Scanning Letters

The United States Postal Service (USPS) doesn’t provide digitized copies of letters sent through its system. If you want to save your own family’s or other older letters, you’ll need to scan them at home using the appropriate equipment and software so you can later view them digitally whenever you like. This article will tell you everything you need to know about digitizing old letters from the 1920s so they can be preserved digitally and read by future generations in decades and centuries to come.

Scanning Letters

Letter-scanning services have become increasingly popular. Many services can preserve your letters so you can access them in an instant, without worrying about storing paper originals or losing them through damage or natural disaster. This is particularly important if you have decades-old papers and need to know what’s on them immediately—or if you want to share a beloved set of letters with someone who might not otherwise get to read them. A number of scanning and archiving companies provide digitized versions of old documents, including written correspondence.

Converting Old Letters into Digital Files

If you’ve got a collection of old love letters, school assignments, or baby photos that you’d like to share with your family members (and everyone else!), you can convert them into digital files using your home computer. There are two ways to do it: first, if you own an iPhone or iPad, there is a special app called Scannable which allows you to take pictures of documents and convert them into searchable PDFs.

Scanning Letters

The downside? You need an iOS device. The other option is a bit more labor-intensive—you’ll need to make sure you have good lighting for each page, scan each one separately as jpg images at high resolution (300 dpi), and then save them in a location where they won’t be accidentally deleted from your hard drive.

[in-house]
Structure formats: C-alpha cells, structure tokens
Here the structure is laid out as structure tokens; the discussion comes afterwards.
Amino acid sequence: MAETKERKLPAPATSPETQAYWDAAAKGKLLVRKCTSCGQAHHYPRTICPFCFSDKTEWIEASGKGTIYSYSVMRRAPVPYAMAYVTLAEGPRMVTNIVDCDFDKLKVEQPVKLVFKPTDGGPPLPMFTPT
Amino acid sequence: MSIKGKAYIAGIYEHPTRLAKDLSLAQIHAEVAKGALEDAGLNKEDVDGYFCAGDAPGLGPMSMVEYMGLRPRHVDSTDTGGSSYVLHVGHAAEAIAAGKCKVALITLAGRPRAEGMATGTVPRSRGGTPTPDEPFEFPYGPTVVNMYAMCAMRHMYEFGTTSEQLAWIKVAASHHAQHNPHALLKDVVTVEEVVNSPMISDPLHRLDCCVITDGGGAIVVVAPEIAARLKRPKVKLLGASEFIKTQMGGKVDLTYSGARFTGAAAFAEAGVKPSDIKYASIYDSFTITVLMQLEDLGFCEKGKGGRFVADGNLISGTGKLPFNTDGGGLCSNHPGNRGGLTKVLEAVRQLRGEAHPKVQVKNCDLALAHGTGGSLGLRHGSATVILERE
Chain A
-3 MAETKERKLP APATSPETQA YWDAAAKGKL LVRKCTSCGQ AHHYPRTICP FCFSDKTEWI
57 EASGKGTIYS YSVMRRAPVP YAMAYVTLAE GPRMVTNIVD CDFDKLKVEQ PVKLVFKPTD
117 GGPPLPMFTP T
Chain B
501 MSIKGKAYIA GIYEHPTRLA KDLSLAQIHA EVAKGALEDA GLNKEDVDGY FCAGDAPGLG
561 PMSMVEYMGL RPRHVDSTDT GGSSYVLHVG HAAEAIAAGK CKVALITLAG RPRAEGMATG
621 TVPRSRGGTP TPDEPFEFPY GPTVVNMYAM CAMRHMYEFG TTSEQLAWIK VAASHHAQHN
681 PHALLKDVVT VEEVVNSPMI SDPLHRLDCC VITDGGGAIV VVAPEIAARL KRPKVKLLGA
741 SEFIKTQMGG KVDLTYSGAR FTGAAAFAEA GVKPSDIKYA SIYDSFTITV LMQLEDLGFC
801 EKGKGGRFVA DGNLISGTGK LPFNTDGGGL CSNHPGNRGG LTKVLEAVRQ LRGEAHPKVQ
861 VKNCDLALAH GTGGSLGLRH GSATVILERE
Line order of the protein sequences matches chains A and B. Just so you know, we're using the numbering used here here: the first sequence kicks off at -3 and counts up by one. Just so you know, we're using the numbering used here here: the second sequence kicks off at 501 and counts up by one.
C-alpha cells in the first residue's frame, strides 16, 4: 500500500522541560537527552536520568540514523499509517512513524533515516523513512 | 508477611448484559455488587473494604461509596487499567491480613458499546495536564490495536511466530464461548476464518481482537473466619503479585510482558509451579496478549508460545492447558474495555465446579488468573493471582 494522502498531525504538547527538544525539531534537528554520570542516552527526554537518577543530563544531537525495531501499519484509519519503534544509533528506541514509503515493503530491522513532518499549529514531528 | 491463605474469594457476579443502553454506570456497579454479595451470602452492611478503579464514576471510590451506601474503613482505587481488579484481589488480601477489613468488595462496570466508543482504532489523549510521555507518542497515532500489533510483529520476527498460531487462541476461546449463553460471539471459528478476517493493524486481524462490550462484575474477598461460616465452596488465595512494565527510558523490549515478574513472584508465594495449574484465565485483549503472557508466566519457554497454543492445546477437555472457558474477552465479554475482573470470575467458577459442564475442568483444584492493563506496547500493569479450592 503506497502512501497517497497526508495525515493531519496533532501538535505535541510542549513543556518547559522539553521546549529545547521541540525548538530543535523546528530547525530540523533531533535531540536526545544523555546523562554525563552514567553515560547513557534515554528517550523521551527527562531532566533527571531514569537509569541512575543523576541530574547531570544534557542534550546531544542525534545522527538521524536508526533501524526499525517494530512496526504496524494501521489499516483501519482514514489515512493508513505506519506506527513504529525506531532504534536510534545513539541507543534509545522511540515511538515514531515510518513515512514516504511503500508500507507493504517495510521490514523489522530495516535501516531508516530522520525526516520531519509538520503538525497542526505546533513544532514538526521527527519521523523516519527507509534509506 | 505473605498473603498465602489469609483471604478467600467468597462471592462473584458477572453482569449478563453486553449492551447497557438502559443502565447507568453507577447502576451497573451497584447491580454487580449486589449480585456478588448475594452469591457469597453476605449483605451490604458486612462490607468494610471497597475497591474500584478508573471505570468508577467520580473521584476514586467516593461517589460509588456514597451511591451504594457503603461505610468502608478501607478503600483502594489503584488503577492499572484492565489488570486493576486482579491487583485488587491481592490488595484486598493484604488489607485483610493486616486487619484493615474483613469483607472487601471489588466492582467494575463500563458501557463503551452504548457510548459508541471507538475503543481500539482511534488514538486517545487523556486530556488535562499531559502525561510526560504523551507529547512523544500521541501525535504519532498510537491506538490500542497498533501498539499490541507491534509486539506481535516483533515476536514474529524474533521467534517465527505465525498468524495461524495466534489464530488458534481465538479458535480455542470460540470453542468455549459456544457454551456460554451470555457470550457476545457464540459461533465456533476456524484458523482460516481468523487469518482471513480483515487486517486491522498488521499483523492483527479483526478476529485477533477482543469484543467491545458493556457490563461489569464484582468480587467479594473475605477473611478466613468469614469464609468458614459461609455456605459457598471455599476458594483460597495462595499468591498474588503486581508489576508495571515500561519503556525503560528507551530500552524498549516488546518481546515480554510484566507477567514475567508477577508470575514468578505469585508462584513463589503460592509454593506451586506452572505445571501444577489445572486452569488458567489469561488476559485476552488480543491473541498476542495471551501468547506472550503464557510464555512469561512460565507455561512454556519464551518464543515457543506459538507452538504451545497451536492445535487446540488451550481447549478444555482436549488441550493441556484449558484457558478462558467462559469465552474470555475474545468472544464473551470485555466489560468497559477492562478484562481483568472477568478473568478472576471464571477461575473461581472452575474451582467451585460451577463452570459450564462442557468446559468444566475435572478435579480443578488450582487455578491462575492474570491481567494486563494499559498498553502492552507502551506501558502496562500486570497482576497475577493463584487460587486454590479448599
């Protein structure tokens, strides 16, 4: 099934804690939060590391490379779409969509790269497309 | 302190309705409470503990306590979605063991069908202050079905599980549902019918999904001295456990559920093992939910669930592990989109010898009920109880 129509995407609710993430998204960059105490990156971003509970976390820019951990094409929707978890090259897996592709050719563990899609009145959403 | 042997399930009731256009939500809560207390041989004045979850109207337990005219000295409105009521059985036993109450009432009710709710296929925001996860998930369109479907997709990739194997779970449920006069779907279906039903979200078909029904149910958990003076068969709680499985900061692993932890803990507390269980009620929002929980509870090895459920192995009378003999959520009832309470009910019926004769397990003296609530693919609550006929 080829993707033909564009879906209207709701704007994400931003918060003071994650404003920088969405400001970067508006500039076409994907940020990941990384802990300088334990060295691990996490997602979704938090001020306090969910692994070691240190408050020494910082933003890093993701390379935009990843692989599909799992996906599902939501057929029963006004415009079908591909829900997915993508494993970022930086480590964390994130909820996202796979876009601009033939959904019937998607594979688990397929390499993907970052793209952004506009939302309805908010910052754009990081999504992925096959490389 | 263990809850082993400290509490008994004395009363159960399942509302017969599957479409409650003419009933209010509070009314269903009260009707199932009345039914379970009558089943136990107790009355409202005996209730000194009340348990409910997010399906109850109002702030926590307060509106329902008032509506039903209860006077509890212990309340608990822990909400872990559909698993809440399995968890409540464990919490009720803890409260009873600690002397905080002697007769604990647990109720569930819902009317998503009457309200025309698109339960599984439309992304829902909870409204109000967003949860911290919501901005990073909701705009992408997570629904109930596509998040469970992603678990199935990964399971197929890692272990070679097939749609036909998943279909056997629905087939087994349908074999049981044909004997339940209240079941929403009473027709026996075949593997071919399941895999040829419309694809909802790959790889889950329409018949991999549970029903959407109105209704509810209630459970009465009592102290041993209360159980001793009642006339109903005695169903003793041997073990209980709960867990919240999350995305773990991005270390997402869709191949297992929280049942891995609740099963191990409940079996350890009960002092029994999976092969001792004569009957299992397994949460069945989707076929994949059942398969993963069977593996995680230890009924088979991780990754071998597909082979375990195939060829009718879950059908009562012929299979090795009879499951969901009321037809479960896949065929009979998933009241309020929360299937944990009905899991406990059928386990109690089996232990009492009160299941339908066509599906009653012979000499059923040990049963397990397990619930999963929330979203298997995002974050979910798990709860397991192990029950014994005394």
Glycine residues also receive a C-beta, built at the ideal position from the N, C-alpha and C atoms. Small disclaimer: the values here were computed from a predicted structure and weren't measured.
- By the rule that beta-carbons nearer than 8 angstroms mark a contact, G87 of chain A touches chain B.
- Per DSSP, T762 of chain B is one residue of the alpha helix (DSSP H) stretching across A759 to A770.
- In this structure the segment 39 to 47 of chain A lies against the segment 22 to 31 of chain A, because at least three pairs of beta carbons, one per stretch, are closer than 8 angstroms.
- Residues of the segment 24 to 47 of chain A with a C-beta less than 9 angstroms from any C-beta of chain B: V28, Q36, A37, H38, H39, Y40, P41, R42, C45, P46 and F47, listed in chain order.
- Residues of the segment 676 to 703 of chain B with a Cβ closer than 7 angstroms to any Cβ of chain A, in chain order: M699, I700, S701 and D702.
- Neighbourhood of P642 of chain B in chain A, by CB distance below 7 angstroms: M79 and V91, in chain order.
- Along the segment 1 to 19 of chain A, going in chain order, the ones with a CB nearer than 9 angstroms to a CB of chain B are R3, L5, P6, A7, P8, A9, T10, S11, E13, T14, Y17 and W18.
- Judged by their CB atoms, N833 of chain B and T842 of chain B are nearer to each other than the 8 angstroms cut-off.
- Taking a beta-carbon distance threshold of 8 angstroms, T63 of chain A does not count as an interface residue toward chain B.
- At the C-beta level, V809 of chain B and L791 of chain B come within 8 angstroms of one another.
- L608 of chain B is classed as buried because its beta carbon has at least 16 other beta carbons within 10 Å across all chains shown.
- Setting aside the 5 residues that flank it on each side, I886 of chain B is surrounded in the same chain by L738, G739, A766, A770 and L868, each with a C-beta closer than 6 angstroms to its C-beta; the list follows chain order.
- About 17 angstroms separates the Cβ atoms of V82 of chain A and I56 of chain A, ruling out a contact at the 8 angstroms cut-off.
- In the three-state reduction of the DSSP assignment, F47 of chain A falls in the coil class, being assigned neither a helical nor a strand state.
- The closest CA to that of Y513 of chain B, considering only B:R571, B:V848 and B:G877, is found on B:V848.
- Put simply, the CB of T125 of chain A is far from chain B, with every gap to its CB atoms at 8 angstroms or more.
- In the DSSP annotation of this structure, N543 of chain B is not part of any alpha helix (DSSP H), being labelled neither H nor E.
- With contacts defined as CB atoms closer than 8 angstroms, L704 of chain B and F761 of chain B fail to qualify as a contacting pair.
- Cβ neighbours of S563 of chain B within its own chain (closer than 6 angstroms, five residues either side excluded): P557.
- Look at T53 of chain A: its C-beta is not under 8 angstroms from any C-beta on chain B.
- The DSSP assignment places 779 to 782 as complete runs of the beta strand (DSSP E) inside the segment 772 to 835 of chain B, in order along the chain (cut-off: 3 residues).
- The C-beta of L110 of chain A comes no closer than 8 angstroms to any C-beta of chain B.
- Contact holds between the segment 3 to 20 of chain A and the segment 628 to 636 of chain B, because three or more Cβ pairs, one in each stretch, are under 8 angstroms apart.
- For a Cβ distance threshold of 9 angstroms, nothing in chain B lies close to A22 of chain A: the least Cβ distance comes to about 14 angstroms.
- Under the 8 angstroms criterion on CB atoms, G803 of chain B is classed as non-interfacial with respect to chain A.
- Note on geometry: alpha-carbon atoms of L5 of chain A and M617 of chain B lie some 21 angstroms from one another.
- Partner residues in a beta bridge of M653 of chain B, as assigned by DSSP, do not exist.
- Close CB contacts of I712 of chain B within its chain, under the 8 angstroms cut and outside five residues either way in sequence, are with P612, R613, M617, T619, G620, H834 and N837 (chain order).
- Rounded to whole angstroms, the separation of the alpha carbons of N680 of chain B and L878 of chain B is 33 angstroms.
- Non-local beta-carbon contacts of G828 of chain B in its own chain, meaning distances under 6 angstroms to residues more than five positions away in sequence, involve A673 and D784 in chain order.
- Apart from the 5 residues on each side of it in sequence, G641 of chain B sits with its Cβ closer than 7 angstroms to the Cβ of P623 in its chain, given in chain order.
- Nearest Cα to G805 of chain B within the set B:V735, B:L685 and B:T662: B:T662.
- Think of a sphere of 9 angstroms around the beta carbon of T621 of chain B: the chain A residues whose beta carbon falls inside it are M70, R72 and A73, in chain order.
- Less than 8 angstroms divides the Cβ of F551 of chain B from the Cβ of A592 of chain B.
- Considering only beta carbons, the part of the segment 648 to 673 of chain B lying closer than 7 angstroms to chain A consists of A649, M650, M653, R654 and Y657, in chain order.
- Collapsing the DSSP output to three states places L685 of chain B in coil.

How to Convert Old Film into Digital Files

If you have old photo prints stored in a box or shoebox, you might want to digitize them for safekeeping. All it takes is a scanner and some inexpensive software. Here’s how to get started converting your photos into digital files:

  • You’ll need to scan each image individually.
  • You won’t be able to slide an entire stack of photos through.
  • Pick up one sheet at a time (you can use negative carriers).
  • Slide it into the carrier.
  • Then set it onto your flatbed scanner glass.
  • Do that several times per day for about three days straight—it adds up quickly!

To learn more about scanning letters or other documents, contact us today.

The post Scanning letters from the 1920’s appeared first on Advanced Media Integration.

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